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Silver Spring Man Is Killed in Iraq

Son Protected the Innocent, Parents Say

By Susan Kinzie
Washington Post Staff Writer
Saturday, November 13, 2004; Page A22

Army Spec. Thomas K. Doerflinger of Silver Spring had been in Iraq less than a month when his unit was hit by small-arms fire. He died Thursday in the northern Iraq city of Mosul, according to the Department of Defense.

Doerflinger, 20, was a 2002 graduate of Springbrook High School in Silver Spring, where he received an International Baccalaureate degree. He joined the Army soon after graduation and completed basic training at Fort Benning, Ga. He became a member of the 25th Infantry Division's Stryker Brigade Combat Team based at Fort Lewis, Wash.

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He was deployed to Iraq on Oct. 15.

He was quiet, very smart and studious, said his cousin Chris Doerflinger. His father, Richard M. Doerflinger, deputy director of the Secretariat for Pro-Life Activities at the U.S. Conference of Catholic Bishops, is a well-known scholar and advocate who has written and spoken of such issues as assisted suicide, cloning, euthanasia and stem-cell research to Congress, churches and the media.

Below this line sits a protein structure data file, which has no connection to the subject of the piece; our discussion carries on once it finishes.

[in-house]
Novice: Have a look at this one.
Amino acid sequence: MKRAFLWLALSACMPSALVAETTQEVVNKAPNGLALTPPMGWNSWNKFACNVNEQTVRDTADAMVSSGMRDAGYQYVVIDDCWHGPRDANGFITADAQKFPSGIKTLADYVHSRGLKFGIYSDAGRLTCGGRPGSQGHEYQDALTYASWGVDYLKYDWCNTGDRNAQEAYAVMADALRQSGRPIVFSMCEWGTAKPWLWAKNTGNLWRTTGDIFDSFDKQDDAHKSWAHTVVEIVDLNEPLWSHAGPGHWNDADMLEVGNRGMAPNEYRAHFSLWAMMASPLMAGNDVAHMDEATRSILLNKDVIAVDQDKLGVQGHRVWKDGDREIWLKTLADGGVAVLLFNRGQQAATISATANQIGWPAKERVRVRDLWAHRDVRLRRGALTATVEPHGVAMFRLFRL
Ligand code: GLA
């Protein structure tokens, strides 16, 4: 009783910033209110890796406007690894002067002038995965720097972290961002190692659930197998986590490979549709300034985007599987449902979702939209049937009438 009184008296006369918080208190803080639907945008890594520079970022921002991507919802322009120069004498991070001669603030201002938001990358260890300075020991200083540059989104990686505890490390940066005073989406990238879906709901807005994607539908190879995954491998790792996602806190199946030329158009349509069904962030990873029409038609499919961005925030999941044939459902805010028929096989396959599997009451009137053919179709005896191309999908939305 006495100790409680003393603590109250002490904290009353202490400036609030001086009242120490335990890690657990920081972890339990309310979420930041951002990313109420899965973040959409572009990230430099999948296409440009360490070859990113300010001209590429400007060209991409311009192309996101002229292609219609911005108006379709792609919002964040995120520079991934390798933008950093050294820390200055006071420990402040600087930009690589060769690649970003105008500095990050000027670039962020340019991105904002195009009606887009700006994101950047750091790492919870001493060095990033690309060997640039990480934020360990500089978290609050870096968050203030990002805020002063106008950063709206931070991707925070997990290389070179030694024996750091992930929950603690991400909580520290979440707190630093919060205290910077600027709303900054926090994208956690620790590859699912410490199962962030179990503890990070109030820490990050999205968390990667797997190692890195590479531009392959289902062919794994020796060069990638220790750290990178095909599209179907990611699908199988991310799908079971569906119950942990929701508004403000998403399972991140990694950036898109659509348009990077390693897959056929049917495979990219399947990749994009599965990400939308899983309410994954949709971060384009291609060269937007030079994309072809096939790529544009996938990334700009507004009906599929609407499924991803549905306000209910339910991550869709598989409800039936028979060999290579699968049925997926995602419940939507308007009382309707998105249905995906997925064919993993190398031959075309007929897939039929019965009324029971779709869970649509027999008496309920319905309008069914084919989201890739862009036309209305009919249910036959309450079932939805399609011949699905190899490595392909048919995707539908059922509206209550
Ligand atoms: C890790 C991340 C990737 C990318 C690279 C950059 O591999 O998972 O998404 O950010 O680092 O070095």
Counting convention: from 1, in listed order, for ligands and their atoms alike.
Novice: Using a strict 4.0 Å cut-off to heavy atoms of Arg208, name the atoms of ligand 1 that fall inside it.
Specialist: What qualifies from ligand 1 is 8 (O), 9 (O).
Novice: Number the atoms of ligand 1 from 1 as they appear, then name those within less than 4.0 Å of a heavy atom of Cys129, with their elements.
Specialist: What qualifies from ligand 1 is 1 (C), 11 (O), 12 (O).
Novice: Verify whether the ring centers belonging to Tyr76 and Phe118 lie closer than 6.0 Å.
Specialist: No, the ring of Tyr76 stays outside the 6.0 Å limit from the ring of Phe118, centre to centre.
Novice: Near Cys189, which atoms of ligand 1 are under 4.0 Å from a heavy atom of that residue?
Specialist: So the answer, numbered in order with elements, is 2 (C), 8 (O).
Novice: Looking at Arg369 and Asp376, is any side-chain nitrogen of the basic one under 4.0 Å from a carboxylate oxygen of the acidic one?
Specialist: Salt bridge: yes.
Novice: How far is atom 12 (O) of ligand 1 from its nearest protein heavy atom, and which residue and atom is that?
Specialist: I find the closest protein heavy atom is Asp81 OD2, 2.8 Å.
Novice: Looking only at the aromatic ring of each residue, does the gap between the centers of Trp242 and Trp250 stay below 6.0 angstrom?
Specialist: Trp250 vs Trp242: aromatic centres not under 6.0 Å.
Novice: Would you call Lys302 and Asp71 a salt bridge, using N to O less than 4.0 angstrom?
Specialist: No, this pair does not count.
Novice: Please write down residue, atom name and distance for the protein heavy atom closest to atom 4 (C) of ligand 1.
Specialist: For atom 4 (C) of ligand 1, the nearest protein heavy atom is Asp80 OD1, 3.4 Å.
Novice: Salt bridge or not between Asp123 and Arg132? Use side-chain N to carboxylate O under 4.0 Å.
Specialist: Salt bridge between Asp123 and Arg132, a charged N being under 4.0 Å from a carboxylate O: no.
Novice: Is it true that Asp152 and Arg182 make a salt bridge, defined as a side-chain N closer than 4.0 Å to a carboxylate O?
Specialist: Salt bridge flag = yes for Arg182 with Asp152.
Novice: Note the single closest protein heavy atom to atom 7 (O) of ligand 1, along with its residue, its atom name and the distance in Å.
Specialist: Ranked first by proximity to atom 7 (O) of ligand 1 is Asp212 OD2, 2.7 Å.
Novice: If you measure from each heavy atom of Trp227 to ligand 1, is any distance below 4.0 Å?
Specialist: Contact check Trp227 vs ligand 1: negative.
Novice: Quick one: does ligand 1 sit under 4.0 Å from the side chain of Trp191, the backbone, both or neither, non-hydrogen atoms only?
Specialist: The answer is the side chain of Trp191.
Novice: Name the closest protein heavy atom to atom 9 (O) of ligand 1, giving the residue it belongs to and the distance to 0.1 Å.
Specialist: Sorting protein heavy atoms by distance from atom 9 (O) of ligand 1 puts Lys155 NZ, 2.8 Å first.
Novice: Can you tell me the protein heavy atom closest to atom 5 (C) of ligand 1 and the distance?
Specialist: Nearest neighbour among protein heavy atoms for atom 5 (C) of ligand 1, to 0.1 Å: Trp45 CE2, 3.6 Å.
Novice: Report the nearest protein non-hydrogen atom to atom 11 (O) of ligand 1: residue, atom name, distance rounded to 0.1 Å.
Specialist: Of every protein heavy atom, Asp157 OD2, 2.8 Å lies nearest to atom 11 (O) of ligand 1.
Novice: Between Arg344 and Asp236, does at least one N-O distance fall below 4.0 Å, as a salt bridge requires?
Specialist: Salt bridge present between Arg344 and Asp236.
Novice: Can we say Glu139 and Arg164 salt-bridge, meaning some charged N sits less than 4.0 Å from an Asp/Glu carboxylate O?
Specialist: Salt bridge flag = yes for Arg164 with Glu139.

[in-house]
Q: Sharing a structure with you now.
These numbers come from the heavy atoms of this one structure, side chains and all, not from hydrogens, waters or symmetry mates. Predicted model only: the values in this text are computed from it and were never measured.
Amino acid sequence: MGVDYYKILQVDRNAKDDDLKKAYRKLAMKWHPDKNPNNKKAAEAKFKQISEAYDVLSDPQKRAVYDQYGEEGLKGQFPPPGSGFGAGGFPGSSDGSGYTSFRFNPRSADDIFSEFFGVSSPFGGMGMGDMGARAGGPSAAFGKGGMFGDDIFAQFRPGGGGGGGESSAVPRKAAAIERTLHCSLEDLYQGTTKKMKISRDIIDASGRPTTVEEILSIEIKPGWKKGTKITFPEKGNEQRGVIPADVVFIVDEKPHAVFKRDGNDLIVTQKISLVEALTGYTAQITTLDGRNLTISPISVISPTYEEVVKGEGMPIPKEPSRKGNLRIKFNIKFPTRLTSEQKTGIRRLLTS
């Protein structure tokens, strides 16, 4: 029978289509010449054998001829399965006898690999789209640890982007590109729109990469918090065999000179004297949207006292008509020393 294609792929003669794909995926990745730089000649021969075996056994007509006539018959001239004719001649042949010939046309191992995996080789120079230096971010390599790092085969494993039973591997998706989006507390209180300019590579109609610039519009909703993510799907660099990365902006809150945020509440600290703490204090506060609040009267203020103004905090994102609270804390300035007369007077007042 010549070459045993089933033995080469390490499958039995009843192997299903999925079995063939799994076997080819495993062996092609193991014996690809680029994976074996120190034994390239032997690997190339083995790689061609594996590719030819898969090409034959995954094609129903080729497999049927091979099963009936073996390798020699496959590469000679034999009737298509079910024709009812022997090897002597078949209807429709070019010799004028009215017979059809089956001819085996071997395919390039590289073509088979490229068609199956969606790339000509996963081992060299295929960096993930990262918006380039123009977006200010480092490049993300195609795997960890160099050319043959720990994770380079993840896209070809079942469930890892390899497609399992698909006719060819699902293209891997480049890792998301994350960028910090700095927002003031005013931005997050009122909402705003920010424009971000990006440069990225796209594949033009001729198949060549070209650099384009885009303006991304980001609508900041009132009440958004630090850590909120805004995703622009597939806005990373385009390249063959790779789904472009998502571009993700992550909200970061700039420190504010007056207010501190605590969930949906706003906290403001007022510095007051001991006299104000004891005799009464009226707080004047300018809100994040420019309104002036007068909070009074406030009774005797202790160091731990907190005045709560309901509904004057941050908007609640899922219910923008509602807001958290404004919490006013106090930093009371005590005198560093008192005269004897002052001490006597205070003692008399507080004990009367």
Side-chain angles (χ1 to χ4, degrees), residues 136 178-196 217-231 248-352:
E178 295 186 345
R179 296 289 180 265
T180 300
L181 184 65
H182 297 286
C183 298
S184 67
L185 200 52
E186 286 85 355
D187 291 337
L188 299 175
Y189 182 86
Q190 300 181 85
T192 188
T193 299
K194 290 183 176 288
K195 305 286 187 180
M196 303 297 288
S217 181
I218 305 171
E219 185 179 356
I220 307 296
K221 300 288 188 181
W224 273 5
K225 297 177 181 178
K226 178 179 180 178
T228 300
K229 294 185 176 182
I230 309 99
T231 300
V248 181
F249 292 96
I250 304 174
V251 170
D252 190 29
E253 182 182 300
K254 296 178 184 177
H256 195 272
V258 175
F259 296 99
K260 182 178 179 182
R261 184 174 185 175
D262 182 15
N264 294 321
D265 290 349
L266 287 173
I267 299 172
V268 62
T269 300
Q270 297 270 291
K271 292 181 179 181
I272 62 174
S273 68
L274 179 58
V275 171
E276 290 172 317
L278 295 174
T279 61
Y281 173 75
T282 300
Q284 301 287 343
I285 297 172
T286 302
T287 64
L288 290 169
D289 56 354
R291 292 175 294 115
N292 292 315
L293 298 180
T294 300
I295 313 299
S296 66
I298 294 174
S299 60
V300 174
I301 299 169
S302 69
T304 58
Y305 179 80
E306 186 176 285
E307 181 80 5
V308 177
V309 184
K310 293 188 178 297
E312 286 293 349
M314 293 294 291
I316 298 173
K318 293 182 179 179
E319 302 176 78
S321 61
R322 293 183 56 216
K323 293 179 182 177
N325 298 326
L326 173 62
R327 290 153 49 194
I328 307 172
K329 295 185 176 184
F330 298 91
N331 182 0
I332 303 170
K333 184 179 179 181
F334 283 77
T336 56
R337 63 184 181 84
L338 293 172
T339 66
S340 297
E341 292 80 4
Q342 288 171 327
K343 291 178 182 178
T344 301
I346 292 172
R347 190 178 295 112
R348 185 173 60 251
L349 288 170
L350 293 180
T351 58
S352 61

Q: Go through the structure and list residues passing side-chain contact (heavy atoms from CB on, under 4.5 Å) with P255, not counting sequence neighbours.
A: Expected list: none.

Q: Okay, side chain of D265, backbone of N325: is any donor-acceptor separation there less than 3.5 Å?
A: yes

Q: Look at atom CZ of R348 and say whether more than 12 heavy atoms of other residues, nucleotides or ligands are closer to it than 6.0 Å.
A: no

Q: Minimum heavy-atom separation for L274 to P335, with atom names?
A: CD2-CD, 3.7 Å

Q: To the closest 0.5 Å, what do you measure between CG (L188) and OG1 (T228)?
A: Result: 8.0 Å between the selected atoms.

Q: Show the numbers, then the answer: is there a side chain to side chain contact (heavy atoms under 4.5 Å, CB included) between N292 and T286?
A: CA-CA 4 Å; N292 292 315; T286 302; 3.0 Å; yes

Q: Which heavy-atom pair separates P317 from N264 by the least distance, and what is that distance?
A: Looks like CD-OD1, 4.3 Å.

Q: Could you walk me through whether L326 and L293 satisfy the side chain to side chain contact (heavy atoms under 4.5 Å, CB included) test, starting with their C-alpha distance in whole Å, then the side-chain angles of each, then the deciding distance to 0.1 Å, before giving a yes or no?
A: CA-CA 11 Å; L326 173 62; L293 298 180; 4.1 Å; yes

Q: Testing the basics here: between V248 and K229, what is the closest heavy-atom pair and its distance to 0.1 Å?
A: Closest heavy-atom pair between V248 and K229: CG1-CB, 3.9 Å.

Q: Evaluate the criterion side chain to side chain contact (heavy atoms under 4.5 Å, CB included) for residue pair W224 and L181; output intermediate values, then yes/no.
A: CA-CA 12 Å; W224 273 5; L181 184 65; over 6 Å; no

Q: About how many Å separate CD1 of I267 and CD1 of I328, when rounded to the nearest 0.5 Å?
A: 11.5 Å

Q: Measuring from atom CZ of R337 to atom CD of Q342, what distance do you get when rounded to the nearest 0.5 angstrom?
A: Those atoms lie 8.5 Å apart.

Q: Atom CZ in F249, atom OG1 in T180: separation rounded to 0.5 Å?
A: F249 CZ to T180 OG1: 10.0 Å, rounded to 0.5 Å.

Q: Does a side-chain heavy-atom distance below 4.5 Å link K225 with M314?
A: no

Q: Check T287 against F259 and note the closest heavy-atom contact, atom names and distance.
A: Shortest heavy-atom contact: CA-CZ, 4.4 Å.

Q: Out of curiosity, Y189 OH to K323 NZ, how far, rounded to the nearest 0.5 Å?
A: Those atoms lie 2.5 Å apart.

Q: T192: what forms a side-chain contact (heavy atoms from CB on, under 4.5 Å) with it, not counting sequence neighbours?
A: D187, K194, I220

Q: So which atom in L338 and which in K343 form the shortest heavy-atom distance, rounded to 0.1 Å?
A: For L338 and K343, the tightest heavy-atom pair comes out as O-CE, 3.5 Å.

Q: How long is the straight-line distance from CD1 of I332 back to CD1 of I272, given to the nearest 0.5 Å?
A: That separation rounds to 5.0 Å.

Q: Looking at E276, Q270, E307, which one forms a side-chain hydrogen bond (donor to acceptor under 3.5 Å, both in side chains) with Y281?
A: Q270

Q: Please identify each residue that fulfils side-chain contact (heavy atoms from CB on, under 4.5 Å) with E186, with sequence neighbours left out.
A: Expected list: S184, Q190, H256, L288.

Richard and Lee Ann Doerflinger released a statement through the Archdiocese of Washington: "Our son Thomas was a smart, dedicated, wonderful young man who volunteered for the Army to serve his country and protect innocent people. He understood the risks of his chosen path and gave his life doing what he had committed himself to doing -- standing against those who have no respect for human life. Even as we grieve for our loss we honor the ideals he stood for and ask others to do the same."

His sister Anna Doerflinger, 23, told the Associated Press that her brother was quiet, "not your typical play-video-games kind of guy." She said he wrote stories and poems, was funny and loved Johnny Cash's music.

Thomas Doerflinger also is survived by another sister, Maria, 17, and a brother, Matthew, 12. The family will make funeral arrangements after his body is returned to the United States.

Susan Gibbs, a spokeswoman for the archdiocese, said they plan to celebrate a Mass at their home parish and burial in a private cemetery.

Staff researcher Bobbye Pratt contributed to this report.

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